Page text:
Depreciation, Depletion, and Amortization (DD&A)

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What is Depreciation, Depletion and Depreciation (DD&A)?

Depreciation, Depletion and Depreciation (DD&A) is an accounting technique that allows companies to gradually spend different resources of economic value over time in order to match costs to revenues.

Depreciation spreads the cost of a tangible capital asset over its useful life, depletion spreads the cost of extracting natural resources such as wood, minerals and petroleum from the earth, and depreciation is the deduction of capital expenditure over a specified period of time, usually the life of an asset.

Depreciation and amortization are common to almost all industries, while depletion is generally used only by energy and natural resource companies. The use of all three is therefore often associated with the acquisition, exploration and development of new oil and natural gas reserves.

Key points to remember

  • Depreciation, Depletion and Depreciation (DD&A) are accounting techniques that allow companies to gradually spend resources of economic value.
  • The use of the three spending strategies is generally associated with the acquisition, exploration and development of new oil and natural gas reserves.
  • The DD&A charge for the accounting period appears on the income statement.

Understanding Depreciation, Depletion and Depreciation (DD&A)

Accrual accounting allows businesses to record capital expenditures in periods that reflect the use of the related asset. In other words, it allows businesses to match spending to the income they helped generate.

For example, if a large appliance or asset requires significant expenditure, it may be expensed over its useful life, rather than in the individual period in which the expenditure was made. This accounting technique is designed to provide a more accurate representation of the company’s profitability.

Depreciation

Amortization applies to expenses incurred for the purchase of assets whose lifespan is greater than one year. A percentage of the purchase price is deducted over the useful life of the asset.

Amortization

Depreciation is very similar to depreciation in theory, but applies to intangible assets such as patents, marks, and licenses, rather than physical goods and equipment. Capital leases are also amortized.

Exhaustion

Depletion also reduces the cost value of an asset incrementally by charging the scheduled charges to earnings. What differs is that it refers to the gradual depletion of natural resource reserves, as opposed to the depletion of depreciable assets or the aging of the life of intangible assets.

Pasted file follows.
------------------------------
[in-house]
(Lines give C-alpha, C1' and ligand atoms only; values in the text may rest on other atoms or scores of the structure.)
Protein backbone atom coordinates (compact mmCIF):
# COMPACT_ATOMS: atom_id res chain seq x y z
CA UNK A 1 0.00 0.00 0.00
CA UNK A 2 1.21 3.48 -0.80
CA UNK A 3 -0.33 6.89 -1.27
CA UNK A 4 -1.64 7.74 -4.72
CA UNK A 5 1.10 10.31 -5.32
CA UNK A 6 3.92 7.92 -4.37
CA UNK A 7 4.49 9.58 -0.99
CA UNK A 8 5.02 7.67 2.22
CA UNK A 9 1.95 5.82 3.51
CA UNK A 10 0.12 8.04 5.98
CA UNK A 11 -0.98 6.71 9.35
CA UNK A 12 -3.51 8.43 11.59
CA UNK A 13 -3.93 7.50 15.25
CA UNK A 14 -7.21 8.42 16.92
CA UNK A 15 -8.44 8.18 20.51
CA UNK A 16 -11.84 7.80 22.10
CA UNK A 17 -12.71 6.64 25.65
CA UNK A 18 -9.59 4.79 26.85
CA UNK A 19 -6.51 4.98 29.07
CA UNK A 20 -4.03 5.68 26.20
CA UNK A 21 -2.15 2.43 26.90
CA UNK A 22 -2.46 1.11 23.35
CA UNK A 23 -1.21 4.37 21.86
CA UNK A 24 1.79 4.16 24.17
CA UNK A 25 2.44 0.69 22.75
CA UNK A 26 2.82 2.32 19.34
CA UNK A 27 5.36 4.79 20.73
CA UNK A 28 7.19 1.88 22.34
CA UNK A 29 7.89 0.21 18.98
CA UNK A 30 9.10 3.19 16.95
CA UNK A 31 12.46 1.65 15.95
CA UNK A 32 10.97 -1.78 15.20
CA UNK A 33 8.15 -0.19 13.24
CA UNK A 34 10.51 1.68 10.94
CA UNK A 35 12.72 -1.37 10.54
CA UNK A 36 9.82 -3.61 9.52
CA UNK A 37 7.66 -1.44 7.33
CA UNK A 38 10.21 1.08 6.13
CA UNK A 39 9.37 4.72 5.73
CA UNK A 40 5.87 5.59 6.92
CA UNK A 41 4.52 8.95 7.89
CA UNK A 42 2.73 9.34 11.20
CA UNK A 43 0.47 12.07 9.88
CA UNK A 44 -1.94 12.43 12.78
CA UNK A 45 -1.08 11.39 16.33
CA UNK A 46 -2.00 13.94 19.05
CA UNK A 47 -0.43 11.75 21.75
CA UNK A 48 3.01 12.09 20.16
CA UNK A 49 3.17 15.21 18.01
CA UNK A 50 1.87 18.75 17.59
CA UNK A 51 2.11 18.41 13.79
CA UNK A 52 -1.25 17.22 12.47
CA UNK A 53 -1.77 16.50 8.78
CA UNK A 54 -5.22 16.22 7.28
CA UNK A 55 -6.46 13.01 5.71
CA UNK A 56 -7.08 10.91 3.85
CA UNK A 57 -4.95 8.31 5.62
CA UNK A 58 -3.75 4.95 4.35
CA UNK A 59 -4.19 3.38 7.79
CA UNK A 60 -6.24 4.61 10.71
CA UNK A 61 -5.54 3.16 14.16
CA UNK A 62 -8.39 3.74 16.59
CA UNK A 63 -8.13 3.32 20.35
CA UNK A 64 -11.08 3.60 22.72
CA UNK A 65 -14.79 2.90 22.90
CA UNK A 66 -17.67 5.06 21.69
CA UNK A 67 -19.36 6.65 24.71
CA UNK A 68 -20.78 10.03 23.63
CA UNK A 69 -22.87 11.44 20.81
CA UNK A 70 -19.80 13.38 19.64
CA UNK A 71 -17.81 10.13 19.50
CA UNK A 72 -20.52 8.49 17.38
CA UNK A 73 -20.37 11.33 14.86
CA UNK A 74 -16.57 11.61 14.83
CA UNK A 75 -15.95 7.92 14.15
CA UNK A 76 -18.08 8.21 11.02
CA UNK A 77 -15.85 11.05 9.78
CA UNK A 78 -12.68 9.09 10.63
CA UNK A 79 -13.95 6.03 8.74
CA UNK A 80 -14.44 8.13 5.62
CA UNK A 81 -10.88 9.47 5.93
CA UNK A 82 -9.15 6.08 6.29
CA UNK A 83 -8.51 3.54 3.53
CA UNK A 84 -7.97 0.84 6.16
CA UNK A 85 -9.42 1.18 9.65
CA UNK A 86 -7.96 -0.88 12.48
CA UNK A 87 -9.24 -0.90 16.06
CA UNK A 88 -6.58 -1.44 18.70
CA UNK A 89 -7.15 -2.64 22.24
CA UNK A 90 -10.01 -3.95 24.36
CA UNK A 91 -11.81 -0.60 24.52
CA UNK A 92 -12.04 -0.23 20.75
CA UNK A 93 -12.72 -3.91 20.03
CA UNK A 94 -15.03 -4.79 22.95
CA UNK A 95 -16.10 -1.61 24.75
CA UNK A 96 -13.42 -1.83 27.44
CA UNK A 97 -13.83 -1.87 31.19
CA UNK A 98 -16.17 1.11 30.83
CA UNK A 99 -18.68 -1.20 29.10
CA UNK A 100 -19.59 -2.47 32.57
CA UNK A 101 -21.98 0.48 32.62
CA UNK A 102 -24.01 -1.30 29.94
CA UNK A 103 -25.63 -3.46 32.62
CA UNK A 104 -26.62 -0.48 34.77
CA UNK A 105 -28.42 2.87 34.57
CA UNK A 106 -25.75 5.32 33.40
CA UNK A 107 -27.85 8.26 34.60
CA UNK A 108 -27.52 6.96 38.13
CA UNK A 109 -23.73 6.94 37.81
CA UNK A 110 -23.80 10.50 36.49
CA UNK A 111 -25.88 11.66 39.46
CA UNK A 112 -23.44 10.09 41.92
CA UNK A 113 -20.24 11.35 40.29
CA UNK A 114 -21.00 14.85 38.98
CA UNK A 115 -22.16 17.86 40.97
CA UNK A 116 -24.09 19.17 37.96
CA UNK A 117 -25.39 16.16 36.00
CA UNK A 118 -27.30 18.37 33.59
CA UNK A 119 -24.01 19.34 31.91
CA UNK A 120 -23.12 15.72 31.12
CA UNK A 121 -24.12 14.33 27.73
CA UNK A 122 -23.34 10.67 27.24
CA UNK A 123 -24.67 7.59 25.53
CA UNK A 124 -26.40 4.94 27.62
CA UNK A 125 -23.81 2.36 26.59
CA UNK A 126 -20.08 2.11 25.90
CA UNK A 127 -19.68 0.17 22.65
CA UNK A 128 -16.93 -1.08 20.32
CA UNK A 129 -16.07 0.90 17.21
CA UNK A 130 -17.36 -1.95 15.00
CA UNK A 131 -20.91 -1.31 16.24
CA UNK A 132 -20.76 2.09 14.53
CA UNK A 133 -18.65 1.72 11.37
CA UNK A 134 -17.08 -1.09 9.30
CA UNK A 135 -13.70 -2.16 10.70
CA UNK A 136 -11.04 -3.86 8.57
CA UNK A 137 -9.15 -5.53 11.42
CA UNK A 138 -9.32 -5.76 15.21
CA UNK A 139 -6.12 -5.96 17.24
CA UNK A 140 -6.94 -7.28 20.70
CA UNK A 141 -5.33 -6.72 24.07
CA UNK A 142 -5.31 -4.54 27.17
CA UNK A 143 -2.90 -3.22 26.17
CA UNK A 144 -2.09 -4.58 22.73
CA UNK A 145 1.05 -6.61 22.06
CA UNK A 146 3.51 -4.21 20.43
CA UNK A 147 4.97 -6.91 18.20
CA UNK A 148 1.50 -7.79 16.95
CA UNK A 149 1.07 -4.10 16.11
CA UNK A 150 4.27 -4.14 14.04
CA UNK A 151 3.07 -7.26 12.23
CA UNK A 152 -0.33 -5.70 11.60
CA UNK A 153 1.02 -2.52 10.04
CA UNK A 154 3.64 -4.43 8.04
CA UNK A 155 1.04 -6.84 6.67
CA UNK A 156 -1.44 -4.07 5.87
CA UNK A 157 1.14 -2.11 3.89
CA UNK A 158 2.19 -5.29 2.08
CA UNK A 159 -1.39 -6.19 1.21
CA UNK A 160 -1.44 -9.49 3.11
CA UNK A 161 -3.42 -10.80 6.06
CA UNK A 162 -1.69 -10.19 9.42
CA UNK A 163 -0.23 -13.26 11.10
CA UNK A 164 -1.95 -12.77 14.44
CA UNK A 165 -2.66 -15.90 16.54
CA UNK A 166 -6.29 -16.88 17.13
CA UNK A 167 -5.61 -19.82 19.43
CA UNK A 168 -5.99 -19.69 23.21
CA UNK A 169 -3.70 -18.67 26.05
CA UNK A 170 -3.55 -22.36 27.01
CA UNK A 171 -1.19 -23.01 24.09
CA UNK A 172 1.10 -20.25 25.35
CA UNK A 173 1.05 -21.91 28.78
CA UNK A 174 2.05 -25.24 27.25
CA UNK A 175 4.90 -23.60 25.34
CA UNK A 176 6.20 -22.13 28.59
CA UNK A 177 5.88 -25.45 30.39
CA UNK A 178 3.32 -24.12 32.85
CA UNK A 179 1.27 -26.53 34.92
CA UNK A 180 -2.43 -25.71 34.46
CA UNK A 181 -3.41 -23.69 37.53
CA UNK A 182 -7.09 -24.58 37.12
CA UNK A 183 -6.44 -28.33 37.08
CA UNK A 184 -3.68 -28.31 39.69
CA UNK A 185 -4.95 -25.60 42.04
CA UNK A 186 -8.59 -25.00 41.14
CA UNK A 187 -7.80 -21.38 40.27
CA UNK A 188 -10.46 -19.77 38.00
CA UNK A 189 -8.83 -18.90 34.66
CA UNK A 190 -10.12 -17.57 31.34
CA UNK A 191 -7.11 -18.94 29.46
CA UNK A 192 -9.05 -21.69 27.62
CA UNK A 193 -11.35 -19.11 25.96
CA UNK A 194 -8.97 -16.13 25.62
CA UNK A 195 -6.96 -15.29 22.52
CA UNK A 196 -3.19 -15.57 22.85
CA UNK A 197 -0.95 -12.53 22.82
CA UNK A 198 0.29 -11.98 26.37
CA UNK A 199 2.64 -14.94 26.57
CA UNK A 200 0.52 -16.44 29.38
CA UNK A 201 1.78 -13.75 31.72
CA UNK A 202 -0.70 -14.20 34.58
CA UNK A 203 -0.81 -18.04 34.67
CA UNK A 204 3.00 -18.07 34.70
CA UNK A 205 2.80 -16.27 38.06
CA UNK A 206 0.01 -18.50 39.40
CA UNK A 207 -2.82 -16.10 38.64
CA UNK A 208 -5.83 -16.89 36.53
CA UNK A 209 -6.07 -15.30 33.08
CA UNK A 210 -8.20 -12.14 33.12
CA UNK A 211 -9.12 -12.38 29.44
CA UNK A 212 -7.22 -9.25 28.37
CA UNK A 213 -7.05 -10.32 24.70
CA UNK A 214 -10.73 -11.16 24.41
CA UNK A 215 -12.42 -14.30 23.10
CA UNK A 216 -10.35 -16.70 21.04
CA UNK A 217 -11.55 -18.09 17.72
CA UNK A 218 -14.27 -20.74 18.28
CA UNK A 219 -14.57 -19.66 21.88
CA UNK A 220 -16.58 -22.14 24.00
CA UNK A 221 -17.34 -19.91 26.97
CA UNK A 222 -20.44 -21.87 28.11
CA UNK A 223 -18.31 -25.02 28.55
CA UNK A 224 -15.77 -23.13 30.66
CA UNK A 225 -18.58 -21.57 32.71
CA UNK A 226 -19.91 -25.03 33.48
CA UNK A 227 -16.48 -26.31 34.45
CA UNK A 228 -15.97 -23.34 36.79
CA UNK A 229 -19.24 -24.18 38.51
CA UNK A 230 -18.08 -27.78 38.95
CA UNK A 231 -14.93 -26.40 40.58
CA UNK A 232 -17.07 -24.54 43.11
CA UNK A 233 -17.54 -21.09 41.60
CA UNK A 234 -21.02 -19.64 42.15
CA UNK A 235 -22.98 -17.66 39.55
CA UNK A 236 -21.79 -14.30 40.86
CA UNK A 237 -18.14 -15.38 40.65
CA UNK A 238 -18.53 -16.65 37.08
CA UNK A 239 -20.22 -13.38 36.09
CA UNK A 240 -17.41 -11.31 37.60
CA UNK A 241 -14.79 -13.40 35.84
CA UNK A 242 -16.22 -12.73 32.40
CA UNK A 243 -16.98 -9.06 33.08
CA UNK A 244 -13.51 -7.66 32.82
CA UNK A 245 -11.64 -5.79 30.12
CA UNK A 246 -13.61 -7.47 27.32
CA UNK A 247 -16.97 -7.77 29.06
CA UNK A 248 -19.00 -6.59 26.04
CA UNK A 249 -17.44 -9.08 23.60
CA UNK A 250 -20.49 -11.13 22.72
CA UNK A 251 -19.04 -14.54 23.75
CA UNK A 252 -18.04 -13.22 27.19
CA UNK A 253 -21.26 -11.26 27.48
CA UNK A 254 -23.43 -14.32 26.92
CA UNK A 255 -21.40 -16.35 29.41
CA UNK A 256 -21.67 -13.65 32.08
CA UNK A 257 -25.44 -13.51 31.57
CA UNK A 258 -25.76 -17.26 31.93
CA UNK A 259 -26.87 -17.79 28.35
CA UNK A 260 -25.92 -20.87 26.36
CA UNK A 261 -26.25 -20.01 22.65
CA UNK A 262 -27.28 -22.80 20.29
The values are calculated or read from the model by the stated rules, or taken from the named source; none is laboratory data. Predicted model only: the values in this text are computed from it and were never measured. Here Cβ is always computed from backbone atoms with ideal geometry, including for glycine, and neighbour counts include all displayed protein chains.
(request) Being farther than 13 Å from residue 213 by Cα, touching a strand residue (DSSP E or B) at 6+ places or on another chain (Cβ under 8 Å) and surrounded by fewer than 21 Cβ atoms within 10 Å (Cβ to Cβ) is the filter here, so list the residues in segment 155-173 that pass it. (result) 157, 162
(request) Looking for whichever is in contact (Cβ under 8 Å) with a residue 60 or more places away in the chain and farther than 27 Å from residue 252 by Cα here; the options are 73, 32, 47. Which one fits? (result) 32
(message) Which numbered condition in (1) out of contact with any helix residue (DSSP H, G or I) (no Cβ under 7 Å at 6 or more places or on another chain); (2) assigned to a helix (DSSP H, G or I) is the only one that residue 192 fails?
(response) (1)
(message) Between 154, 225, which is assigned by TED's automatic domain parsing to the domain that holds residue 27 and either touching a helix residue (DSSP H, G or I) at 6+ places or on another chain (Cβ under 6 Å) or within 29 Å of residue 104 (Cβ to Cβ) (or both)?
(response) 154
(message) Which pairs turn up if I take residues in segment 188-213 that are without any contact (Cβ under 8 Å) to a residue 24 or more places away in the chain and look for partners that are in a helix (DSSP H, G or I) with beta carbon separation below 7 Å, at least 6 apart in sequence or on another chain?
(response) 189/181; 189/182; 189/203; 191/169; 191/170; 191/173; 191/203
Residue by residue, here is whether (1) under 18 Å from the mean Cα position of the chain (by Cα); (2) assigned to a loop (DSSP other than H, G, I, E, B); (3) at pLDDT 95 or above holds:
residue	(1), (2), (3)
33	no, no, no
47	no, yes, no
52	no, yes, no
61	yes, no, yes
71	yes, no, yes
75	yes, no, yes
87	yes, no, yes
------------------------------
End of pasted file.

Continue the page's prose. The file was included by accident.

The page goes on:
Depletion expenses are commonly used by miners, loggers, oil and gas drillers and other companies engaged in natural resource extraction. Companies with an economic interest in mineral property or stumpage can record depletion expenses on these assets as they are used. Depletion can be calculated on a cost or percentage basis, and businesses should generally use the one that provides the larger deduction for tax purposes.

Depreciation, Depletion and Depreciation (DD&A) Record

If a business uses the three spending methods above, they will be recorded in its financial statements as depreciation, depletion and amortization (DD&A). A single line showing the dollar amount of expenses for the accounting period appears on the income statement.

Explanations can also be provided in the footnotes, particularly if there is a large variation in depreciation, depletion and depreciation (DD&A) expense from period to period.

An entry is also made in the balance sheet. The dollar amount shown here represents the total accumulated amount of Depreciation, Depletion and Depreciation (DD&A) since the time the assets were acquired. The value of assets deteriorates over time and this is reflected in the balance sheet.

Example of Depreciation, Depletion and Depreciation (DD&A)

Chevron Corp. (CLC) reported $ 19.4 billion in DD&A spending in 2020, more or less in line with the $ 19.3 billion recorded the previous year. In its footnotes, the energy giant revealed that the slight increase in DD&A spending was due to higher production levels for some oil and gas producing fields.

Source: United States Securities and Exchange Commission.

Special considerations

DD&A is a common operating expense item for energy companies. Energy analysts and investors should be aware of these expenses and how they relate to cash flow and capital spending.

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